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WASHINGTON - A House panel’s fiscal 2009 defense appropriations bill would give stop-lossed troops a $500 monthly bonus and fund the 3.9 percent pay raise for all servicemembers proposed in separate legislation this spring.

The appropirations measure, coupled with the already approved defense authorization bill, sets military spending for the upcoming fiscal year. On Wednesday the defense subcommittee of the House Appropriations Committee announced its proposals for the funding, and sent the draft onto the full committee for a vote.

The $487.7 billion proposal is nearly a 6 percent spending increase from this fiscal year, but sits about $4 billion below White House requests.

Earlier this month a group of lawmakers led by Sen. Frank Lautenberg, D-N.J., introduced legislation promising $1,500 a month extra to stop-lossed troops, and retroactive payments for any servicemembers kept on past their separation date at any time since 2001.

The appropriations bill would also make payments retroactive, but offer only a $500 monthly payout.

Pentagon officials estimated more than 120,000 troops have been kept on active duty past their separation date since 2002 under the stop-loss policy. That includes about 12,000 on active duty at the end of May.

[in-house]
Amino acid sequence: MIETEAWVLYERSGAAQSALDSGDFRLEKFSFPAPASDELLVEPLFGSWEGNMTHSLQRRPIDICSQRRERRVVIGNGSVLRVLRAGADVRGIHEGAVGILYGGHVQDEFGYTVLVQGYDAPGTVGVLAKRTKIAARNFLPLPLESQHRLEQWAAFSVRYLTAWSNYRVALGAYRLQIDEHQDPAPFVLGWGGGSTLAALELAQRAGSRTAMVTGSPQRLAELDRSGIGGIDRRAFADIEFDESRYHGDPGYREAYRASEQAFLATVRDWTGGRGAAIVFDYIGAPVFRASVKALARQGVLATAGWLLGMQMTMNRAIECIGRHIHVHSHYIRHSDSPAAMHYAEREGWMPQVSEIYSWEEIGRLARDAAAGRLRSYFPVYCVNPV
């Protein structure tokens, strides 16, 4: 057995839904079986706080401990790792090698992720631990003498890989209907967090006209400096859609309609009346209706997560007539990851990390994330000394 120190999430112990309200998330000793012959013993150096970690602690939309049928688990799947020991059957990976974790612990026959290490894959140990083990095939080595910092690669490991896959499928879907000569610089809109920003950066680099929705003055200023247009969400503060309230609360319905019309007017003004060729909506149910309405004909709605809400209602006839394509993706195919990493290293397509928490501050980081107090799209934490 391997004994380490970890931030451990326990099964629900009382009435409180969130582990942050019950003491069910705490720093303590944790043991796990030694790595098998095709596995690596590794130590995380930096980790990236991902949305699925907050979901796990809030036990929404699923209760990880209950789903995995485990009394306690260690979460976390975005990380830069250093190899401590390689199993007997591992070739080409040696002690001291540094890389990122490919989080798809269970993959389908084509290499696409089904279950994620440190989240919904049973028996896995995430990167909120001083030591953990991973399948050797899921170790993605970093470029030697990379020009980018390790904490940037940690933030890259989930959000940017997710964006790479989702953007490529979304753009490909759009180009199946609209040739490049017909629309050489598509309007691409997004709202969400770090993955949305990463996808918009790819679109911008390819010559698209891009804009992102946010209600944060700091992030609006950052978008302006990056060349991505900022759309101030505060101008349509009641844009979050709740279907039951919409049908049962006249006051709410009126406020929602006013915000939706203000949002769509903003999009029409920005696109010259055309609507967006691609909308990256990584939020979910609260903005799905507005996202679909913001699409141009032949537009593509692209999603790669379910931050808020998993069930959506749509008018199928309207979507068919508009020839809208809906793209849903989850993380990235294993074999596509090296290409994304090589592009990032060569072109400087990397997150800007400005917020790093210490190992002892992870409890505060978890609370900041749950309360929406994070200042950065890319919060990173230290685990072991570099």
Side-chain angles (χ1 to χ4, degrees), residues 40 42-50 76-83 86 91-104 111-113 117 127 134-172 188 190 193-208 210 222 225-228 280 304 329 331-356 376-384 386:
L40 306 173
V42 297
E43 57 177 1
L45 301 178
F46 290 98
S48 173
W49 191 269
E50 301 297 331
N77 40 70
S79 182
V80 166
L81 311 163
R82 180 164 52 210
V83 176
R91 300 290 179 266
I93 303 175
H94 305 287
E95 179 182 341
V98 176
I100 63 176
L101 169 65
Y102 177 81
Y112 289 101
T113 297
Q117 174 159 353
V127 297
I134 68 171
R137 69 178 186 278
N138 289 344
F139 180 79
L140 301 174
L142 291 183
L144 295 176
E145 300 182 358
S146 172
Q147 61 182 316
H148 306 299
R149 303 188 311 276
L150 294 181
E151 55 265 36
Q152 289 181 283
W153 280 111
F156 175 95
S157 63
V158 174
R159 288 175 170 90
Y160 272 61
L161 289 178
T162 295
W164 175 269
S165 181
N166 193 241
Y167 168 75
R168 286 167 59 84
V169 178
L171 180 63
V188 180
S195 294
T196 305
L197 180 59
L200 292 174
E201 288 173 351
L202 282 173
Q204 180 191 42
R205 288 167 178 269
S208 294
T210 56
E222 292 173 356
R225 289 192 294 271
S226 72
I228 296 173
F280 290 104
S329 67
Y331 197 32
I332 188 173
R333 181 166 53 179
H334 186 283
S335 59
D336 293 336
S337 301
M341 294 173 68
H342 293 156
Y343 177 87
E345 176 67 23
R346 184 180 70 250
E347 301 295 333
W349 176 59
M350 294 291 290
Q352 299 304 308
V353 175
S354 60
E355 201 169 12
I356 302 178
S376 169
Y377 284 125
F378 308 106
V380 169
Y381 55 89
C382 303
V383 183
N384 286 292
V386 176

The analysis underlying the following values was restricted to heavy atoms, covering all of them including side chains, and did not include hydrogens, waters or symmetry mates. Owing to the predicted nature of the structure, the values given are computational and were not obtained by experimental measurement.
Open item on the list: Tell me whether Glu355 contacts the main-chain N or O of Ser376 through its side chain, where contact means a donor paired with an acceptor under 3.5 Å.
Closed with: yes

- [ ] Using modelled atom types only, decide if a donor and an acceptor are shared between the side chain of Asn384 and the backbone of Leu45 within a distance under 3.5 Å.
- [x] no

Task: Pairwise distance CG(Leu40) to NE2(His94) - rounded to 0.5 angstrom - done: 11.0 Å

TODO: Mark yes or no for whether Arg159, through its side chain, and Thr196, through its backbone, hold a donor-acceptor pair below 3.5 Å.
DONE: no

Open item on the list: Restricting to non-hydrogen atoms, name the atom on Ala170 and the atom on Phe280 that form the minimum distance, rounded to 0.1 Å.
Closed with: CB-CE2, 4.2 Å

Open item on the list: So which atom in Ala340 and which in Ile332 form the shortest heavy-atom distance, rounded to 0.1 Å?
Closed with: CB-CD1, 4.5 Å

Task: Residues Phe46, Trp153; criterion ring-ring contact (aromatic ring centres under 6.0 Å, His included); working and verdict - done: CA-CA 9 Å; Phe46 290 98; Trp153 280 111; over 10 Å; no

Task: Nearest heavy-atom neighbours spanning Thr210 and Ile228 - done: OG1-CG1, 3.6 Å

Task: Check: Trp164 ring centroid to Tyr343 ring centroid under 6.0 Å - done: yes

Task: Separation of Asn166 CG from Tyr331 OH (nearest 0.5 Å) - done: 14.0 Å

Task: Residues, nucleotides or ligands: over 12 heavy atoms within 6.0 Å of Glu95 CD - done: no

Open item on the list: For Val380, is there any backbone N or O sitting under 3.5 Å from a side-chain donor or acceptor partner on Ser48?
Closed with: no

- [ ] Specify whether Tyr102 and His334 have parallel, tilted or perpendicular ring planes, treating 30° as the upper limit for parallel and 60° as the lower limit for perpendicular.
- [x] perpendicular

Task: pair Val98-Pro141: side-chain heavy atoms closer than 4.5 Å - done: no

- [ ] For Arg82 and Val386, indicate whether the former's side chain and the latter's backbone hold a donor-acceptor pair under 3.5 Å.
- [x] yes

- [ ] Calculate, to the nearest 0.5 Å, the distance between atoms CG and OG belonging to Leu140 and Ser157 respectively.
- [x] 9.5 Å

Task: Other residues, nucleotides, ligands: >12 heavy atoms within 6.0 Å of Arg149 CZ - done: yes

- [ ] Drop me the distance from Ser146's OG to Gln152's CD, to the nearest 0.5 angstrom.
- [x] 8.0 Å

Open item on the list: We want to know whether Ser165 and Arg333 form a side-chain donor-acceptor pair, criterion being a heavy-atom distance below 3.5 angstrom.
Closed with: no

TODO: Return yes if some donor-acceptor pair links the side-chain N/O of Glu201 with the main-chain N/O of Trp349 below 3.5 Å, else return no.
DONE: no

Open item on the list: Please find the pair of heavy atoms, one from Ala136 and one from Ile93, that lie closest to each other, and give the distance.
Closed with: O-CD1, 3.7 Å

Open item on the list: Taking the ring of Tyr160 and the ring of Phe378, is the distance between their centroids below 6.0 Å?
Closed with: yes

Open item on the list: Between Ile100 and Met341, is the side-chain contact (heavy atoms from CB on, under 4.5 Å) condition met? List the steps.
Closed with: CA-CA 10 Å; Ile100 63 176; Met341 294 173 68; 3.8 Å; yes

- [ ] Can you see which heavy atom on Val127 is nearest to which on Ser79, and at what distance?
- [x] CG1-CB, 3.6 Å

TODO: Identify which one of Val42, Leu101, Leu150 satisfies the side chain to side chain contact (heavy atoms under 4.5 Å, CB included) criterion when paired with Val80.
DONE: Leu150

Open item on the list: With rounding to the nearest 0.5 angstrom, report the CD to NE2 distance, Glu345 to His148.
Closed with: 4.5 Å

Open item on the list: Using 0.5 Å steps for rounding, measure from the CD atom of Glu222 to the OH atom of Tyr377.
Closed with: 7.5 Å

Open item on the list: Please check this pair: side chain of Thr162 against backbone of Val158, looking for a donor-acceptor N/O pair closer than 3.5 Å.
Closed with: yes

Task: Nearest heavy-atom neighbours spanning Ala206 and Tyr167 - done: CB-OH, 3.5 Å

The policy can keep servicemembers in the ranks after their enlistment is complete if they are deployed within 90 days of their separation date. Congressional researchers said stop-lossed troops average an extra six months of duty, and currently receive only the same military pay as their peers.

The committee’s appropriations proposal includes $608 million for military family advocacy programs, $617 million for brain injury and psychological health research, $450 million for medical facility upgrades and $987 million for military housing repair and construction.

It also requires the secretary of defense to report back to Congress early next year on the possibility of closing down the detention facility at Guantanamo Bay Naval Base, and relocating to alternative detention facilities in the continental United States.

House lawmakers already backed a 3.9 percent pay increase for troops starting in January as part of the defense authorization bill passed in May, and the Senate Armed Services Committee has supported an identical raise despite White House requests for a 3.4 percent increase.

Both of the budget bills still must pass the House and Senate before the pay raise and other spending provisions become law.

The bills do not set the pay raise for Defense Department employees, but the military’s increase is often used as the benchmark for setting that rate.


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